Cultivated Meat Is Much More than a Climate Solution
Despite serious challenges, alt-meat technologies are too important to fail: their benefits extend far beyond simply reducing emissions
Cultivated meats are heralding a new era. Since earning a series of regulatory nods in Singapore starting in 2020 and featuring at select restaurants in the city-state, two brands of lab-grown chicken meat were cleared for sale in the U.S. by the Department of Agriculture (USDA) this past June, hot on the heels of the FDA approval earlier in the year.
This is innovation fit for science fiction: rather than slaughtering animals for their parts in production lines, cultivated meats are protein cells from the same animals that are grown, or cultivated, in bioreactors within a controlled facility. It’s the chicken breast we’ve all come to love, but with no actual chicken involved in the process.
Across the globe, startups are pushing the boundaries of biotech with the promise to bring to market not only the minced meat suitable for meatballs and nuggets, but structured cuts like chicken breasts and sushi-grade salmon that boast the same shape, taste, and texture of the traditional animal-harvested product.
Yet, several recent articles have highlighted challenges that cultured meat startups are encountering (and sometimes creating for themselves, drawing parallels to the Theranos scandal.) The best of the crop is this long exposé calling out problems like low cell density, slow growth rates, frequent batch contamination, reliance on factory farm byproducts like fetal bovine serum, and failures thus far to produce anything at scale despite billions in investments. While the piece is well worth a read, it is telling that much of the criticism stems from one scientist (a notorious alt-meat skeptic), and one bungled report by the Good Food Institute, a nonprofit championing meat alternatives.
Coupled with recent declining sales for plant-based meat alternatives, one wonders what is going on. Can this technology succeed? Will it help address climate change? All important questions, but even more important are the ethical implications. Simply put, cultivated meat can help humanity move past the era of torturing and slaughtering animals to harvest their parts. Let’s dig in.
First of all, let me say out of the gate that alt-meat products suffer from abysmal branding. Phrases like “lab-grown meat”, “cell-cultured meat”, and “clean meat” conjure faintly dystopian high-tech images that most of us would rather not associate with food. Leave aside the fact that our current method of food production would cause revulsion if it were more widely known, branding is something that the challenger product must solve to succeed in the marketplace. Since the industry appears to have settled on “cultivated meat” (a term I am still warming up to), that is what I use throughout this article.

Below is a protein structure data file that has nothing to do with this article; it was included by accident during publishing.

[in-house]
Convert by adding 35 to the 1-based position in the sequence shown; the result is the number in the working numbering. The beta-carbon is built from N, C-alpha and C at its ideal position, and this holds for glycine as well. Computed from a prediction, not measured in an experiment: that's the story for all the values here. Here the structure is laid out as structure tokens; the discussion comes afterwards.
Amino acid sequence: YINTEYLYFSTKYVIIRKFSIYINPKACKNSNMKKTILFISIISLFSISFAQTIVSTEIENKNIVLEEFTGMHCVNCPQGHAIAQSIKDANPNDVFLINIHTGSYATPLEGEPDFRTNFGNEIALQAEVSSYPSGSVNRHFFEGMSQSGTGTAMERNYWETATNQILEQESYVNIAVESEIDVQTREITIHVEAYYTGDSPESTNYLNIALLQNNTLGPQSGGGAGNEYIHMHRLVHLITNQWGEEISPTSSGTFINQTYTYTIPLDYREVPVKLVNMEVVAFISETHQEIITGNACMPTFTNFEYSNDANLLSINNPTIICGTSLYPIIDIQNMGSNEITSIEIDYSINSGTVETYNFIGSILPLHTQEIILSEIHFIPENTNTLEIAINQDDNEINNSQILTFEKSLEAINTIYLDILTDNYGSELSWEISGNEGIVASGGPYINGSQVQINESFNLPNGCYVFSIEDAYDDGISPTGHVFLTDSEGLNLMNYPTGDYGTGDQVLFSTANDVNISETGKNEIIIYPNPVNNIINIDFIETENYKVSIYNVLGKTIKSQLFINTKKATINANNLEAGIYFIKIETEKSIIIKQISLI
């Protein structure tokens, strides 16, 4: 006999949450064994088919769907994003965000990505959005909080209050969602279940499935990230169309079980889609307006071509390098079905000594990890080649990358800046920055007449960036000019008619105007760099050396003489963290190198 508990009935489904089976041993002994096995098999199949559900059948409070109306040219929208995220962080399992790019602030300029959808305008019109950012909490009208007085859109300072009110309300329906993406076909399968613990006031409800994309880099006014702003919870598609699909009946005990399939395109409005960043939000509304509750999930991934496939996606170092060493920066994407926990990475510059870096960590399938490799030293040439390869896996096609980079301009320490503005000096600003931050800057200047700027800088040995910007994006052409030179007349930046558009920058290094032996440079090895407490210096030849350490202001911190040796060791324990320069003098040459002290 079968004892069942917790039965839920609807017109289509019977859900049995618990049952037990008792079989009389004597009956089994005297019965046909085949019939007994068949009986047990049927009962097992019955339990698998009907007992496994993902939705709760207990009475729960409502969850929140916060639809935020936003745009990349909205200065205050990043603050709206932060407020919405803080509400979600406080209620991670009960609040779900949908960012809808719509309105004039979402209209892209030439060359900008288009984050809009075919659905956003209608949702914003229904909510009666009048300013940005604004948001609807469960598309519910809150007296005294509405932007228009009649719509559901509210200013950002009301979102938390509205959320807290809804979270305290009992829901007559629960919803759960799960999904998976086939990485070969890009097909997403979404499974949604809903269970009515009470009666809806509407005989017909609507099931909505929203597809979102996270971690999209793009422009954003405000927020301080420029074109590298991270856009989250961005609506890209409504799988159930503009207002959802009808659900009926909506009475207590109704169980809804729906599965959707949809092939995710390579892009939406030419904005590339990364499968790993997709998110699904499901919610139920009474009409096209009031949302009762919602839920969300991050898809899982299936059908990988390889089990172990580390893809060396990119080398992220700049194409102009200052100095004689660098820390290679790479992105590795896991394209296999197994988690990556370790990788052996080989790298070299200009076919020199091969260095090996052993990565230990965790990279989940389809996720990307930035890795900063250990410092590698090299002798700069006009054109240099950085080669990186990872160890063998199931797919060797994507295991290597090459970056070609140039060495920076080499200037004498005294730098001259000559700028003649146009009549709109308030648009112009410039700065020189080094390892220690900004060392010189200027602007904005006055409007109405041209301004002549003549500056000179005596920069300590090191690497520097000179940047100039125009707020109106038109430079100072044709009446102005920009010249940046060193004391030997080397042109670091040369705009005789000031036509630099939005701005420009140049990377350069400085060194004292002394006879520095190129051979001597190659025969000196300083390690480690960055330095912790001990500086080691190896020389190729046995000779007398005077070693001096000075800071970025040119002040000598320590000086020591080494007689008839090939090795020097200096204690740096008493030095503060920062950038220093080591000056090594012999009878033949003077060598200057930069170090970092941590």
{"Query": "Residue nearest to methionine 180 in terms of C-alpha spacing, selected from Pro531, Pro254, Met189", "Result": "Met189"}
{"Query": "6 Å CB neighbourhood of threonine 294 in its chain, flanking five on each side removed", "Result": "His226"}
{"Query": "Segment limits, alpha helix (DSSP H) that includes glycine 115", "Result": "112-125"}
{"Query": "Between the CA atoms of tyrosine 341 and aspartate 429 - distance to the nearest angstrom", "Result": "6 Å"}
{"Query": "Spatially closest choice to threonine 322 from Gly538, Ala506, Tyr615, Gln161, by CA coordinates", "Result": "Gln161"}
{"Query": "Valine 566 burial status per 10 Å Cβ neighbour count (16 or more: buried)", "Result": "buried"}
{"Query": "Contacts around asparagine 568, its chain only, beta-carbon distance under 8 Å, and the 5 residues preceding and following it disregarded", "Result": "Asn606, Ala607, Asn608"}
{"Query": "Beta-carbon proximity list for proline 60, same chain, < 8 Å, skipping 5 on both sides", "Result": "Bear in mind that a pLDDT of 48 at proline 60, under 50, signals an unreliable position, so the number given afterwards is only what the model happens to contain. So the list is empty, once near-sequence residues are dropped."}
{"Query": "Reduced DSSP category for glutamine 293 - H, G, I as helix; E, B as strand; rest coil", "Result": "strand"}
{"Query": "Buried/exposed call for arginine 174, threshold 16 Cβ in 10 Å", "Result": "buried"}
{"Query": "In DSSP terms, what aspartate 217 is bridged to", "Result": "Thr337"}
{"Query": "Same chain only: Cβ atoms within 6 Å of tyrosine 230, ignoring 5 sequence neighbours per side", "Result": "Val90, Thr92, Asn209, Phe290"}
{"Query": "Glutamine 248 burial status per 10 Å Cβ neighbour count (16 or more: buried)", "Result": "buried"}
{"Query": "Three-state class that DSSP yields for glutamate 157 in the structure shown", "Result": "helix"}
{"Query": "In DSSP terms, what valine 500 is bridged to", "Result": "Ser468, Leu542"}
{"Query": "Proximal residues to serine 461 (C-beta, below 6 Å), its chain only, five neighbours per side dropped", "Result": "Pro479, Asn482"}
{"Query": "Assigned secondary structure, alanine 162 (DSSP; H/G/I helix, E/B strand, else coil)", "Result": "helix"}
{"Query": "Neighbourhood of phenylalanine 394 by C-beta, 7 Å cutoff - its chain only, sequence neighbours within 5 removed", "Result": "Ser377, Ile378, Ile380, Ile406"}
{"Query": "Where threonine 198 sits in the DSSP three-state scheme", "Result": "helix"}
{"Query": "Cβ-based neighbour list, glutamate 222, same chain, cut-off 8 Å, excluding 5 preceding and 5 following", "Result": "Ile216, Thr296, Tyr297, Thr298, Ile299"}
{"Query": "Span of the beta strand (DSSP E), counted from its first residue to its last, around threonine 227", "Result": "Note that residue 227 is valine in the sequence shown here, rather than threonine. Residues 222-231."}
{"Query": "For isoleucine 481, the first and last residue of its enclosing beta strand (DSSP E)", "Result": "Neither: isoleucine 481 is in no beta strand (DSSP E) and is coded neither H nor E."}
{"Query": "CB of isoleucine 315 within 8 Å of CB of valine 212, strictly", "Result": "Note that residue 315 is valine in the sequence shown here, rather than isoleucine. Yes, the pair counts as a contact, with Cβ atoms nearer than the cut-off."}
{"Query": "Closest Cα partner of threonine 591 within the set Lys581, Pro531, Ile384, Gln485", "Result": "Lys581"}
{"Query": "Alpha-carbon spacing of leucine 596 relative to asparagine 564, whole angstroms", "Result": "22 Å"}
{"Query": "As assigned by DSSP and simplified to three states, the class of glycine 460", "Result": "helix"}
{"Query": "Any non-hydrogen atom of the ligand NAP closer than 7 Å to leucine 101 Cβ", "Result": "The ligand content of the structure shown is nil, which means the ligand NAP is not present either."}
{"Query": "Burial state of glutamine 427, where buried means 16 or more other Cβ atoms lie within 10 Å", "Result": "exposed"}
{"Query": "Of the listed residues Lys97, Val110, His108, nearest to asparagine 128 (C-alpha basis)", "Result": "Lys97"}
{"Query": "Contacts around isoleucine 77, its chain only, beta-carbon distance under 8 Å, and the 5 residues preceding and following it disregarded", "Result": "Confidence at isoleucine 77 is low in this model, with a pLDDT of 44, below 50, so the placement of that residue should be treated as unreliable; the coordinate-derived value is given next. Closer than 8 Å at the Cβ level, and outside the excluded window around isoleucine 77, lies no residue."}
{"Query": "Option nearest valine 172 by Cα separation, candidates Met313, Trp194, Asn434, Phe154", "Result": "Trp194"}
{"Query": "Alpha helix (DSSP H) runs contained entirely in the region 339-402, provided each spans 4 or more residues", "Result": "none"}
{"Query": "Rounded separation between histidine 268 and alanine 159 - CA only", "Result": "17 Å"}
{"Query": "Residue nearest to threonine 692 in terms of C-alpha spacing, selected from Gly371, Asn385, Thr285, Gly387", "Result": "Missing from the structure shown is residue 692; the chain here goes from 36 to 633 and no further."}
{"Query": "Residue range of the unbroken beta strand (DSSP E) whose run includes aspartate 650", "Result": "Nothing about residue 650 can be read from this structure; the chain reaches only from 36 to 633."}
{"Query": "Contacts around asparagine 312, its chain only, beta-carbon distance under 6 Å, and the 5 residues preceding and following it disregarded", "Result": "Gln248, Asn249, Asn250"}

The Climate Problem
Meat production is one of the most polluting and environmentally unsustainable human activities today. It is estimated that by 2030, the world will produce at least 5 billion metric tons of fecal biomass every year. The lion’s share of the waste has its origin in farms that contaminate the surrounding air and nearby waterways. Livestock production is the cause of almost half of all deforestation happening in the world today. Our oceans too bear the brunt, with overfishing ravaging once-abundant ecosystems. Within the confines of factory farms, a brew of antibiotic-resistant bacteria simmers, as does the risk of unleashing a new devastating pandemic.
Livestock emits over 7 gigatons of CO2-equivalent (CO2eq) into the atmosphere each year, accounting for nearly 15% of global emissions. A significant chunk of it is the methane produced directly by animals and their waste.
But there’s another facet to this story: a staggering amount of the food we produce has the sole purpose of feeding animals. Here’s just a few mind-blowing numbers:
77% of all agricultural land, corresponding to almost 40% of all habitable land on the planet, is dedicated to meat and dairy production, all of which supplies only 18% of global calorie consumption.
Just 55% of the world’s crop calories are eaten by people. Over one-third of all the calories produced are used for animal feed.
Beef is specially carbon-intensive because it requires so much land: every 100 grams of beef protein emits a median of 25 kilograms of CO2eq.